This is a follow up to my previous blog at http://mallen22842.blogspot.com/2012/01/customer-service-and-star-wars-old.html.
Very recently BioWare's game director, James Ohlen, told Eurogamer that "most of our players aren't really having performance concerns".
Now, so far I have been very impressed with the game's class story lines (they are nothing short of awesome) and BioWare's attempt to stick to the lore of the Star Wars universe. The game in general feels very much like a clone of World of Warcraft (talent trees, harvesting nodes for crafting materials, skill-click combat system, a horde [empire] and alliance [republic] faction system) with a few minuscule differences. This is not necessarily a bad thing because it is something the community is familiar with and... let's be honest, it works for MMOs.
But, something about the way BioWare has handled their customer service and the games overall performance has rubbed me the wrong way. To a point where I have lately been on the fence about setting up a subscription and/or waiting for the dust to clear.
Mr. Ohlen claims that the players are not really having performance issues yet my own testing on both of my rigs, a "Horrid FPS" thread that seems endless, and the following images speak otherwise:
Those images alone contradict Mr. Ohlen's claims that there is an insignificant FPS and/or performance issue. This easily ranks as the #1 community driven issue with the game at the moment. My assumption of this is simply by a visual inspection of the forum posts and reviews left on various websites marketing the product. This FPS and performance issue even appears to be superseding game crash issues.
This wasn't enough for me to base an opinion on though so I began researching the game a little further. What I found was interesting if not informative.
An article was written by HeroEngine on November 28th, 2011. This article detailed some very interesting facts about BioWare's initial contact with the game engine developers.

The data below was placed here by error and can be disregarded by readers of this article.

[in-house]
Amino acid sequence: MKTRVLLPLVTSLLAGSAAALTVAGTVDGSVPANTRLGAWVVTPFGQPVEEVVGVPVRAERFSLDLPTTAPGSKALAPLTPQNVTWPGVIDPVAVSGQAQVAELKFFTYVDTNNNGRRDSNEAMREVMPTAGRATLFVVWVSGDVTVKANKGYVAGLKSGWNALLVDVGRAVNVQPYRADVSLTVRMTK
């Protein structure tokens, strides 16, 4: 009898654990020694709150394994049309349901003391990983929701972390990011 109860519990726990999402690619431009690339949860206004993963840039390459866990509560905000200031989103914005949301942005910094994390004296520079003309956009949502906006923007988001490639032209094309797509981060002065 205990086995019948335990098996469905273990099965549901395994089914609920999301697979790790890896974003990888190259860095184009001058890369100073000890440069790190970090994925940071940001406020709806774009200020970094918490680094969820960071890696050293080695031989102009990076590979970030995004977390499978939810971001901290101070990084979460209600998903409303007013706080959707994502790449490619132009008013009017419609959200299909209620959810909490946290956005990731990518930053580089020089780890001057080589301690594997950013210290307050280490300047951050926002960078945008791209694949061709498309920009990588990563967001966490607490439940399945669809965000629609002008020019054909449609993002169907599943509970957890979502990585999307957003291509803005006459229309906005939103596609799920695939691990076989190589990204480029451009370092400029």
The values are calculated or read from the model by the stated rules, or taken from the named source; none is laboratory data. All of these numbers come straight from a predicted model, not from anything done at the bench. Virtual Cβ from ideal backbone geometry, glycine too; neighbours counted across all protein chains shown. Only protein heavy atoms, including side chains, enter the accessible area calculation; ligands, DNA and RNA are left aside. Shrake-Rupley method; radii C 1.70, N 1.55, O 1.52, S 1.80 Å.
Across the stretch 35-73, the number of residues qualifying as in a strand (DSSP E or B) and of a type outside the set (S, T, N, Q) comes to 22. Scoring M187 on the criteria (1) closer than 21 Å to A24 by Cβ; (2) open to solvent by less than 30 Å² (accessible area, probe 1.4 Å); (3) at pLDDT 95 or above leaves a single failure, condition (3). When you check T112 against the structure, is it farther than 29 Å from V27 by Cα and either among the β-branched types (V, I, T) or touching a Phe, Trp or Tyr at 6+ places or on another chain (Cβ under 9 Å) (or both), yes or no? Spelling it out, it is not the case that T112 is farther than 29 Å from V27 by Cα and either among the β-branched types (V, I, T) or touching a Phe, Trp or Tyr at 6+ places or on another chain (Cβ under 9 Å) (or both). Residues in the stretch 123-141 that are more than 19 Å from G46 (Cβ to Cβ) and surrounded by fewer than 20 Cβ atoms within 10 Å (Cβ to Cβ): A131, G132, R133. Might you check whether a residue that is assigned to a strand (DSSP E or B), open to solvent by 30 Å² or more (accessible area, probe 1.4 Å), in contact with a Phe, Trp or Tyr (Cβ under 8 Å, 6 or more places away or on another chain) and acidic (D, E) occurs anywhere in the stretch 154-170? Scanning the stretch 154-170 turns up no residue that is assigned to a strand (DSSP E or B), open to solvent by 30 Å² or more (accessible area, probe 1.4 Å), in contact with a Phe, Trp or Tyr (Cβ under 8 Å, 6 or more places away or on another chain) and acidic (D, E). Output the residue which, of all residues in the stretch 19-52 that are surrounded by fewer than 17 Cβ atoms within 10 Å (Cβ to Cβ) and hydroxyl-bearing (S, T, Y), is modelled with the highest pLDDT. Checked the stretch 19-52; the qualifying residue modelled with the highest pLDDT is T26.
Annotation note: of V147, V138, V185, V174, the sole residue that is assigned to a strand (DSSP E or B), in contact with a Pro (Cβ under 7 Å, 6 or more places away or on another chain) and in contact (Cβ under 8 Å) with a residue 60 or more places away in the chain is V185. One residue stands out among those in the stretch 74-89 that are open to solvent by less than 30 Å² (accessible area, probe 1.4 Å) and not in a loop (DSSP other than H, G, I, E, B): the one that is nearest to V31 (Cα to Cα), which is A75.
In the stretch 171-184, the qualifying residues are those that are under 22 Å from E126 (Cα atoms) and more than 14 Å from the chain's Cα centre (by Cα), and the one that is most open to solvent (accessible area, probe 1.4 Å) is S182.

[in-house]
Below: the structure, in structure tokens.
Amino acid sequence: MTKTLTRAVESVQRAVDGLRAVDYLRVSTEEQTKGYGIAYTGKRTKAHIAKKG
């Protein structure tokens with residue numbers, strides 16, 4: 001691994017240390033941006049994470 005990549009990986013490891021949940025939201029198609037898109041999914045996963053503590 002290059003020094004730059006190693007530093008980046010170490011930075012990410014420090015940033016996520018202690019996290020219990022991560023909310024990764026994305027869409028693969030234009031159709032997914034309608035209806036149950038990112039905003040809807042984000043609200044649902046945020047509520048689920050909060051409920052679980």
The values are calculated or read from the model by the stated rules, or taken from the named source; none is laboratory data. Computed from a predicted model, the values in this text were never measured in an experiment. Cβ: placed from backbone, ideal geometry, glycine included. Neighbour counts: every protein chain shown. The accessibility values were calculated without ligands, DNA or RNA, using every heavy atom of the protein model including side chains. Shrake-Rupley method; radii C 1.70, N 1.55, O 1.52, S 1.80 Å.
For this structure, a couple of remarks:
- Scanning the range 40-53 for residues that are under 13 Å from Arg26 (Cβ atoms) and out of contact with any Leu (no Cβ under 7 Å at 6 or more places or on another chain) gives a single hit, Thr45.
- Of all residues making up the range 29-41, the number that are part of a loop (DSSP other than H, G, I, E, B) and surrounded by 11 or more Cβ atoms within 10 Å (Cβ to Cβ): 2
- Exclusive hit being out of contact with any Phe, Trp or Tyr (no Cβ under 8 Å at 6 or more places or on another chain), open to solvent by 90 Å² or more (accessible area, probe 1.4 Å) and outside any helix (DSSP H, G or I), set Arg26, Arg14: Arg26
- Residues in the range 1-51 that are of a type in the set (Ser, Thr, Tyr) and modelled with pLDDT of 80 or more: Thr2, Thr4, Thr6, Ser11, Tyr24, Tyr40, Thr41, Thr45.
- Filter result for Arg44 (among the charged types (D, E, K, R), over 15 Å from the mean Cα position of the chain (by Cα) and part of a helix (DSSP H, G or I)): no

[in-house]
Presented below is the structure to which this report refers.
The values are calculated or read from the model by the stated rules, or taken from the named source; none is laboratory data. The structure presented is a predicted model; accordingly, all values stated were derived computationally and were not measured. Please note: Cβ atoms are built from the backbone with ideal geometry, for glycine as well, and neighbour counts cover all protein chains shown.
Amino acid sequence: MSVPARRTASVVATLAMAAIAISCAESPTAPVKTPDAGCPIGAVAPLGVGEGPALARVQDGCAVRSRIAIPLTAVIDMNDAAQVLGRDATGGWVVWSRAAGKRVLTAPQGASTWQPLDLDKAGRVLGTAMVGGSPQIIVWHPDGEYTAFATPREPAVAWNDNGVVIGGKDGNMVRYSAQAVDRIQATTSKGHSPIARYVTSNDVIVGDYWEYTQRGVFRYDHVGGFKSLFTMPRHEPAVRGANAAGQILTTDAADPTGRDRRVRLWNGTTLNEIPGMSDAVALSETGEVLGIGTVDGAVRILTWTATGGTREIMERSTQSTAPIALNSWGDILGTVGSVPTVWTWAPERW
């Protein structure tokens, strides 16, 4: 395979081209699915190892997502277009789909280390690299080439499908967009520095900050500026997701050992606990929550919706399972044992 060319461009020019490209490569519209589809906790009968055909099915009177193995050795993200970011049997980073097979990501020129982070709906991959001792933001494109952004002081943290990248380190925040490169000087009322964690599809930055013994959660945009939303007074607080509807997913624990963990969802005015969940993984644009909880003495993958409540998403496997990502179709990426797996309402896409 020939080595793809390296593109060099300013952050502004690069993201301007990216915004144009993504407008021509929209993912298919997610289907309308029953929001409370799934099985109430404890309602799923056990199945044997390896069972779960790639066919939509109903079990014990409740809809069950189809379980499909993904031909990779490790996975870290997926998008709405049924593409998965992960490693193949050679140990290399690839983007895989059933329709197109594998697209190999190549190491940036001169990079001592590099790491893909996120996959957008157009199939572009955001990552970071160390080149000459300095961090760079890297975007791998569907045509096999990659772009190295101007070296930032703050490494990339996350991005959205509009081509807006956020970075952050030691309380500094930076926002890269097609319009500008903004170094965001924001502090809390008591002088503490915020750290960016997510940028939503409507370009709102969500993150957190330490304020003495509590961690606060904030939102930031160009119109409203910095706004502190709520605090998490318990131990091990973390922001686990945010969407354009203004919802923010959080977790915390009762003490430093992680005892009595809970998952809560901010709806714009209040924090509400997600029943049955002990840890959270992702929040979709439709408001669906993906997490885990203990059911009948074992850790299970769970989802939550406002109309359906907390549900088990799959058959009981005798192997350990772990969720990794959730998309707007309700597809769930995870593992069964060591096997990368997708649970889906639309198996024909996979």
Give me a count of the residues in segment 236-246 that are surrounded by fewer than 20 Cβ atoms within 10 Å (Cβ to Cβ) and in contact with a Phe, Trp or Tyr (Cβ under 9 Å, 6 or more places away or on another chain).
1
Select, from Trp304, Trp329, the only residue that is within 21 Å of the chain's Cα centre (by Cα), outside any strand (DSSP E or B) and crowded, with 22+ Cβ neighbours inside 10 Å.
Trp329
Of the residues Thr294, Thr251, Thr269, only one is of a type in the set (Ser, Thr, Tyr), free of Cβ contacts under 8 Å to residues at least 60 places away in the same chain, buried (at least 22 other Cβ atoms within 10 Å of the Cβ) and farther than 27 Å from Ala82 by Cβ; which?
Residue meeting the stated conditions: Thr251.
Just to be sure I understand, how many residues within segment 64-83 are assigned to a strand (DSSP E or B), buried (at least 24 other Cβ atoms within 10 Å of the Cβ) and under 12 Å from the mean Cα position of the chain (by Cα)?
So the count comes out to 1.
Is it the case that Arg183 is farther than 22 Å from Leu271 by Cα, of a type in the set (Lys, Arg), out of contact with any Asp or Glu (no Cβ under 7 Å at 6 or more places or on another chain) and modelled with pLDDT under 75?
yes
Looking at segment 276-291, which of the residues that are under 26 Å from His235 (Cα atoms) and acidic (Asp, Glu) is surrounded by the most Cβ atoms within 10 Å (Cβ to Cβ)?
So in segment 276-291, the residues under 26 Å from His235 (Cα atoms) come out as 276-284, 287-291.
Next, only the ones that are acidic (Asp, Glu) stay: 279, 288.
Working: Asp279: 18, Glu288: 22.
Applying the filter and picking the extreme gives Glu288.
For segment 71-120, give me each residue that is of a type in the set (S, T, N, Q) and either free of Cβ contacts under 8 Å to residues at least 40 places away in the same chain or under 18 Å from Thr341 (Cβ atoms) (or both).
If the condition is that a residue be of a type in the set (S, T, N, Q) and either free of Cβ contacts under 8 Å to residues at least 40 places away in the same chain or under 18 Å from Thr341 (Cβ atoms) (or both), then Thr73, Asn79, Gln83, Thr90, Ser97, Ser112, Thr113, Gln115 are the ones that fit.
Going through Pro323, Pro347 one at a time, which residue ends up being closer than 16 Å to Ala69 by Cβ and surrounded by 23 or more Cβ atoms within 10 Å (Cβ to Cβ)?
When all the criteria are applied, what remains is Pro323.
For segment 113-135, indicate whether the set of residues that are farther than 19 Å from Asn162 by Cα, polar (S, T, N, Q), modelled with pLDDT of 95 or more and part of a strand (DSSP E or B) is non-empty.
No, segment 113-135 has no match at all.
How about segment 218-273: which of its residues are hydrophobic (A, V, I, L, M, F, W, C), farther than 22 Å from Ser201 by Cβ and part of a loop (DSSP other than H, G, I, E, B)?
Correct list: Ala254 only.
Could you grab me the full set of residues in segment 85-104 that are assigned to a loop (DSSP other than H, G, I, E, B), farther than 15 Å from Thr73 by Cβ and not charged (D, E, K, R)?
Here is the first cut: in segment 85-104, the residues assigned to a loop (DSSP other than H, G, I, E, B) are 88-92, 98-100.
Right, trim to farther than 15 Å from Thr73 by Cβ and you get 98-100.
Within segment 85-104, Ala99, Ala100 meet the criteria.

The key here is the statement "There are whole sections of code that is only roughed in and not optimized for performance or security.". That is right, not optimized for performance. Interesting... Now, BioWare claims that they had tons of engineers finish things up themselves. But did they actually hurdle the performance issues so clearly pointed out by the engine creator? Or, did they miss some fundamental piece of the equation?
The details given to the actual community leading up to the article at Eurogamer leave a contradictory taste in the community's mouth. See some of the community messages sent out by BioWare below (which have been very obscure and have a canned feeling to them):
And it should be noted that I believe the gaming community has a difference of opinion regarding what systems are low-end and not. BioWare should know better that if the computer meets your minimum and recommended specifications and still has an issue, that the problem is not necessarily the user's computer.
Another highlight. "I appreciate the frustration... I assure you it's being looked at." Again, it is very confusing as to what is being looked at if the implication is that the problem lies with the customer's computer. A contradictory statement.
Another highlight. "...based on the amount of forum posts and CS ticket volume in relation to the total player base population, most people aren't experiencing performance issues.". I implore you to review the masses of forum posts in the various screen shots above.
Mr. Ohlen implied that 5% of players are having this issue. Based on Baird Equity Research and an article posted by Massively by Joystiq on January 3rd, 2012 the game currently has roughly 350,000 concurrent users. 5% of 350,000 concurrent users is roughly 17,500.
Let's assume these users purchased the cheapest edition of the game (Standard Edition $59.99 US). We are looking at potentially around $1,050,000 US dollars in profit for a game that can't be played. Specifically what was expected of the product and what was received. And if those users cancelled their monthly subscription ($14.99 US), a loss of roughly $250,000 US dollars a month.
To me it is pretty amazing that this issue has been handled the way it has. I personally hope that BioWare gets the FPS optimized properly (see this article by HeroEngine about controlling FPS). And I hope that they can clean up their act when it comes to servicing their customers properly.
As always, this is simply my opinion and mileage may vary.